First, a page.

On Friday, the White House announced proposed new visa rules for international entrepreneurs. Having advocated for a startup visa for years and then to have authored a booked called “The Startup Visa: Key to Job Growth and Economic Prosperity in America,” I am thrilled to see the rules published. I applaud the administration for its hard work.
The proposed rules were posted by the Department of Homeland Security last week, and is expected to be published on the Federal Register soon. When the Federal Register publishes the proposal there will be 45 days for the public to comment, after which the Department of Homeland Security will take those comments into consideration.
All those in the startup eco-system should take some time to review the rules and ensure appropriate comments are sent to the Department of Homeland Security. This is our opportunity to share our thoughts on how to make the rules the best as they can be.
Do we really need a startup visa?
Studies suggest that more than 40 percent of Fortune 500 companies were founded by immigrants or the children of immigrants. America’s history is intertwined by immigrant entrepreneurs such as Levi Strauss, John Nordstrom, and more modern ones such as Paypal founder Max Levchin and Tesla Motors CEO Elon Musk. These household names are also among America’s biggest employers. Entrepreneurs must be part of our strategy for economic development but also for continuing to lead the world in innovation.
There is no question that in a global economy with modern technology, entrepreneurs can be anywhere in the world. It is a boon for the country that gets them, and here in the U.S. we have steadily been losing this competition. Congress has refused to take action and let bill after bill for the startup visa die. The entrepreneurial parole proposed by these new rules, while not ideal, is better than having no option at all. So, let’s join together in applauding the Obama administration for keeping its word on entrepreneurship.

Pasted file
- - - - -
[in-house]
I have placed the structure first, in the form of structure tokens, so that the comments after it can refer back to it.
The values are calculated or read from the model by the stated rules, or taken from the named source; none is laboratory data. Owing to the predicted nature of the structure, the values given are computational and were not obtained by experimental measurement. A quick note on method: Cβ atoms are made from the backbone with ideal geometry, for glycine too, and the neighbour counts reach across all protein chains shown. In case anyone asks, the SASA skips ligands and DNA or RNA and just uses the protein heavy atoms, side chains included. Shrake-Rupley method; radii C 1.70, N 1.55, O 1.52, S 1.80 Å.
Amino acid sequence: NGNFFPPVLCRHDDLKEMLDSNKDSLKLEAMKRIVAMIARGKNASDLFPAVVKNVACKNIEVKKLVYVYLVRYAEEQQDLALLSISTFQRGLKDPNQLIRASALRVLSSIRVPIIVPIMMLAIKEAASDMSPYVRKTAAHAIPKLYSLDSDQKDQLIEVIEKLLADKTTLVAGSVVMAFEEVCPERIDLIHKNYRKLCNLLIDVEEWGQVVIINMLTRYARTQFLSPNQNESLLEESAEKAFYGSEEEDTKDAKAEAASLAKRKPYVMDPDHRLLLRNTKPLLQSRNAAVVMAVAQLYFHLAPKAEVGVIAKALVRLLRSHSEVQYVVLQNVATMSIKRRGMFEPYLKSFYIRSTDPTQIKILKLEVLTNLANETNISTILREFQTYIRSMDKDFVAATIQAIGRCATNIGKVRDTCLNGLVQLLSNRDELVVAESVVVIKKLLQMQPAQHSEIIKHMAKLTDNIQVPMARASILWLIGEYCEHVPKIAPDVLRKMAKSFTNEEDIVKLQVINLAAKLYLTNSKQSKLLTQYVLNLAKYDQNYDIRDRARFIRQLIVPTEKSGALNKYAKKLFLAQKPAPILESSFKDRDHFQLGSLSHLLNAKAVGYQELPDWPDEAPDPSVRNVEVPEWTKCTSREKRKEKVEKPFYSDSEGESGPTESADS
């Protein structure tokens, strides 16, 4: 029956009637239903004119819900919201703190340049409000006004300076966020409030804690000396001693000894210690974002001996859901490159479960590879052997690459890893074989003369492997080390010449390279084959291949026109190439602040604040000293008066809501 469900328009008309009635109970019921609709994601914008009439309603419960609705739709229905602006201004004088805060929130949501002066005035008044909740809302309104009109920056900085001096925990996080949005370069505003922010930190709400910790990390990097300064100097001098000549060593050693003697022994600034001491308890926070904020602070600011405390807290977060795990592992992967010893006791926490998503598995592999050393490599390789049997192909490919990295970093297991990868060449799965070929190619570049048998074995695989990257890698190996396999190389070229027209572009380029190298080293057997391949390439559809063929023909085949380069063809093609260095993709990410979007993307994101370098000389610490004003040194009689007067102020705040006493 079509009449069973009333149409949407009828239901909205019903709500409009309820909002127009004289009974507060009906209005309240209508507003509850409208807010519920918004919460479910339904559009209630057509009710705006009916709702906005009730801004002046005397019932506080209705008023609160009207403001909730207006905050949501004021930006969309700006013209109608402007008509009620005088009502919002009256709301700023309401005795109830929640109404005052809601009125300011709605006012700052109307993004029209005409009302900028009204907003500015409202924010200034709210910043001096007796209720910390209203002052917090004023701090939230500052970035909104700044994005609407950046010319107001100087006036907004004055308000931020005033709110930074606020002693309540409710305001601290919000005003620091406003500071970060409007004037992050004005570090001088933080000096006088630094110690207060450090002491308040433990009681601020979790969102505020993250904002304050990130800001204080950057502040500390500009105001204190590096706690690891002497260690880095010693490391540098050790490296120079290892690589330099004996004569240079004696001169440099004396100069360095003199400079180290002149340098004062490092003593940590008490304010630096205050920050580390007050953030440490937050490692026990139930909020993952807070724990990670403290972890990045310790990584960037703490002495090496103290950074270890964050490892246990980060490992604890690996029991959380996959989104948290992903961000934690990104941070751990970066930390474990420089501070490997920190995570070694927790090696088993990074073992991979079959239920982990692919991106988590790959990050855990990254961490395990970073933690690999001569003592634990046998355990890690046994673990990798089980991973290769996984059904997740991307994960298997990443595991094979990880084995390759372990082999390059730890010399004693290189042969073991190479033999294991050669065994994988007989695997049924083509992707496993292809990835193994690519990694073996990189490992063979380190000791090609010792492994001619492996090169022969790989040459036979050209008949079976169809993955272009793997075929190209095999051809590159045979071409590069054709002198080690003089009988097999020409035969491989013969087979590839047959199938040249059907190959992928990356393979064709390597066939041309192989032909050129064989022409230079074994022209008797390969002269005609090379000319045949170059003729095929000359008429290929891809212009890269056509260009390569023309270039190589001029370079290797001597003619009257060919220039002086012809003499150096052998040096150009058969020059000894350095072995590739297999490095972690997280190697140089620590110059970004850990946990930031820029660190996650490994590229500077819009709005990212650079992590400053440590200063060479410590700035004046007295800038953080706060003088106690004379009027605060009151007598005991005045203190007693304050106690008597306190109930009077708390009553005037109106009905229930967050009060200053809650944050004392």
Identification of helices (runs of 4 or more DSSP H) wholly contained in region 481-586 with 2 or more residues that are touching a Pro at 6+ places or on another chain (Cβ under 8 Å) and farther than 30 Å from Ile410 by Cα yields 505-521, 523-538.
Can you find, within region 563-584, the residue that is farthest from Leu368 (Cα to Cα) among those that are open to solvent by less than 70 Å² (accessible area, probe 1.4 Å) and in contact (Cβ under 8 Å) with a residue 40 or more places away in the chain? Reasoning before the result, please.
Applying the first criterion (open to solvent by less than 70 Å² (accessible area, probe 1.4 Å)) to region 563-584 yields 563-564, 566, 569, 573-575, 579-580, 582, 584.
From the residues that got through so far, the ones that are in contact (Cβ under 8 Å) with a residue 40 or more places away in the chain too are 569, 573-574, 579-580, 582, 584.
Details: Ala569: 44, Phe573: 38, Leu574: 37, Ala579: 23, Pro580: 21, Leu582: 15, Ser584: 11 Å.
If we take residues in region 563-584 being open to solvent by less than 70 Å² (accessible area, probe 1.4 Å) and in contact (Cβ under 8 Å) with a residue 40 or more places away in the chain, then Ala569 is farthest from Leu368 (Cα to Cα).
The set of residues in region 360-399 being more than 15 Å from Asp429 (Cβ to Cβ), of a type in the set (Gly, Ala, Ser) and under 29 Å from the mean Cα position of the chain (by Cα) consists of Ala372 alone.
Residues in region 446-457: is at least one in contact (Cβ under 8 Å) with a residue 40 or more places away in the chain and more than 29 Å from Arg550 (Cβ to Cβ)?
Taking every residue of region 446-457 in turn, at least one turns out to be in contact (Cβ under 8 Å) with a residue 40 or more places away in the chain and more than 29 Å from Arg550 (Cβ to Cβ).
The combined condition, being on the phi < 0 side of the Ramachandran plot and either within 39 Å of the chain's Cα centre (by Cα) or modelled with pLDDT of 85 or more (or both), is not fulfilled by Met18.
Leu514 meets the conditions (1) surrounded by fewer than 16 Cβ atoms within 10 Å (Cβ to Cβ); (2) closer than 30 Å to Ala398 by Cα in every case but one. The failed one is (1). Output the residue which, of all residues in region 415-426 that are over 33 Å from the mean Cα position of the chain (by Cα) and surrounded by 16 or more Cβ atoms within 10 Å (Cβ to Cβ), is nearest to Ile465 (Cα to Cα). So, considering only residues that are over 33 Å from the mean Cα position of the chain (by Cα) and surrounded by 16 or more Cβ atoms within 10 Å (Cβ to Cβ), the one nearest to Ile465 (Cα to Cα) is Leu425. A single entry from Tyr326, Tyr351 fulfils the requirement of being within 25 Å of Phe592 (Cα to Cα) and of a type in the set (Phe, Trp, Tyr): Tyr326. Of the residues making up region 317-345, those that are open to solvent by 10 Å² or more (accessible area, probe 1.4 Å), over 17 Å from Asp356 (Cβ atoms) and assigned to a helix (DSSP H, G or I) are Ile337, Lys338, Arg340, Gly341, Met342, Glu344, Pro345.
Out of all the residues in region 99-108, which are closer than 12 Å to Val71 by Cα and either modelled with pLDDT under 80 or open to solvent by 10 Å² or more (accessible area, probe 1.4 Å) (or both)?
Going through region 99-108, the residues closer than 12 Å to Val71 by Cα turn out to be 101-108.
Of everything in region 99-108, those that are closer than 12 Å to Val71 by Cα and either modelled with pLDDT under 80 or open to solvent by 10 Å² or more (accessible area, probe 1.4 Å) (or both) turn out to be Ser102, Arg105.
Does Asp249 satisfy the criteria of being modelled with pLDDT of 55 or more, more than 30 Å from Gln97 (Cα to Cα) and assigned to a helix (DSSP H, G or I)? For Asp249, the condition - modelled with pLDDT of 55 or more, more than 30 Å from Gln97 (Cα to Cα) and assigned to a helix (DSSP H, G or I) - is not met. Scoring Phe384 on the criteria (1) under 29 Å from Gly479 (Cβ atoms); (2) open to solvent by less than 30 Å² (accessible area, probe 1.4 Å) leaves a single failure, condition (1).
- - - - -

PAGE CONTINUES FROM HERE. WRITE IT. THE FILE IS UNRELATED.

What do the proposed rules say?
According to the proposal, an entrepreneur could be eligible to receive two years admission into the U.S. on parole, with the possibility of another three years’ parole, if the following criteria are met:
- Formed a startup in the United States within the last three years of his or her application;
- Ownership of at least 15 percent of the startup and has an active or central role in operation;
- Has raised at least $345,000 from a qualified investor within the last 12 months, or at least $100,000 in grants or awards, or has partially met the prior two criteria.
The proposed rules also state that an entrepreneur must show household income of 400 percent above poverty guidelines, which can include a spouse’s income. The spouse will also get a work authorization for the duration. You can click here for my detailed summary of the proposal.
The application will be completed on a new form created specifically for this purpose — Form 941 with a filing fee of $1,200. Spouses and children will use the traditional Form I-131. The entrepreneur and dependents will have to pay biometrics fees of $85 also and undergo background check. The entrepreneur will have work permission, incident to approval. That means the entrepreneur can work as soon as there is an approval and will not have to file for an employment authorization document, commonly referred to as EAD.
At the time of renewal, Form I-941 will be used again with a fresh fee of $1,200. At that time, the entrepreneur must maintain at least 10 percent of the business entity and must have created at least ten full time jobs for American workers. The entrepreneur will get 240 days automatic work authorization while renewal of parole is pending. A renewal application can be made up to 90 days in advance of parole expiration.
If a case is denied, there will be no appeal. However, United States Citizenship and Immigration Services can reopen a case on their own motion. If a parole is terminated for any reason, the entrepreneur may be given an option to rebut those allegations.
The entrepreneur must notify the government of material changes in the startup. If ownership drops to less than 10 percent, that will be ground for automatic termination of the parole. Automatic termination can also occur if there is a criminal conviction any many other such grounds.
How do I comment? What should I say?
Comments from the public are crucial to ensuring that a good balance is set in these provisions. The public may comment for 45 days after the rules are published to the Federal Register. My immediate thoughts are that it would be important to lower the threshold of qualified investment from $345,000 to $250,000 as per previous Startup Visa Act provisions. I also think it is imperative to lower the household income from 400 percent to no more than 200 percent over poverty guidelines. Both these benchmarks are just too high.
I will be sure to share my comments with the Department of Homeland Security. But if this issue is important to you, and it should be if you are part of the startup echo systems in anyway, then please share your thoughts with the administration and the Department of Homeland Security at www.regulations.gov quoting DHS Docket number USCIS-2015-0006.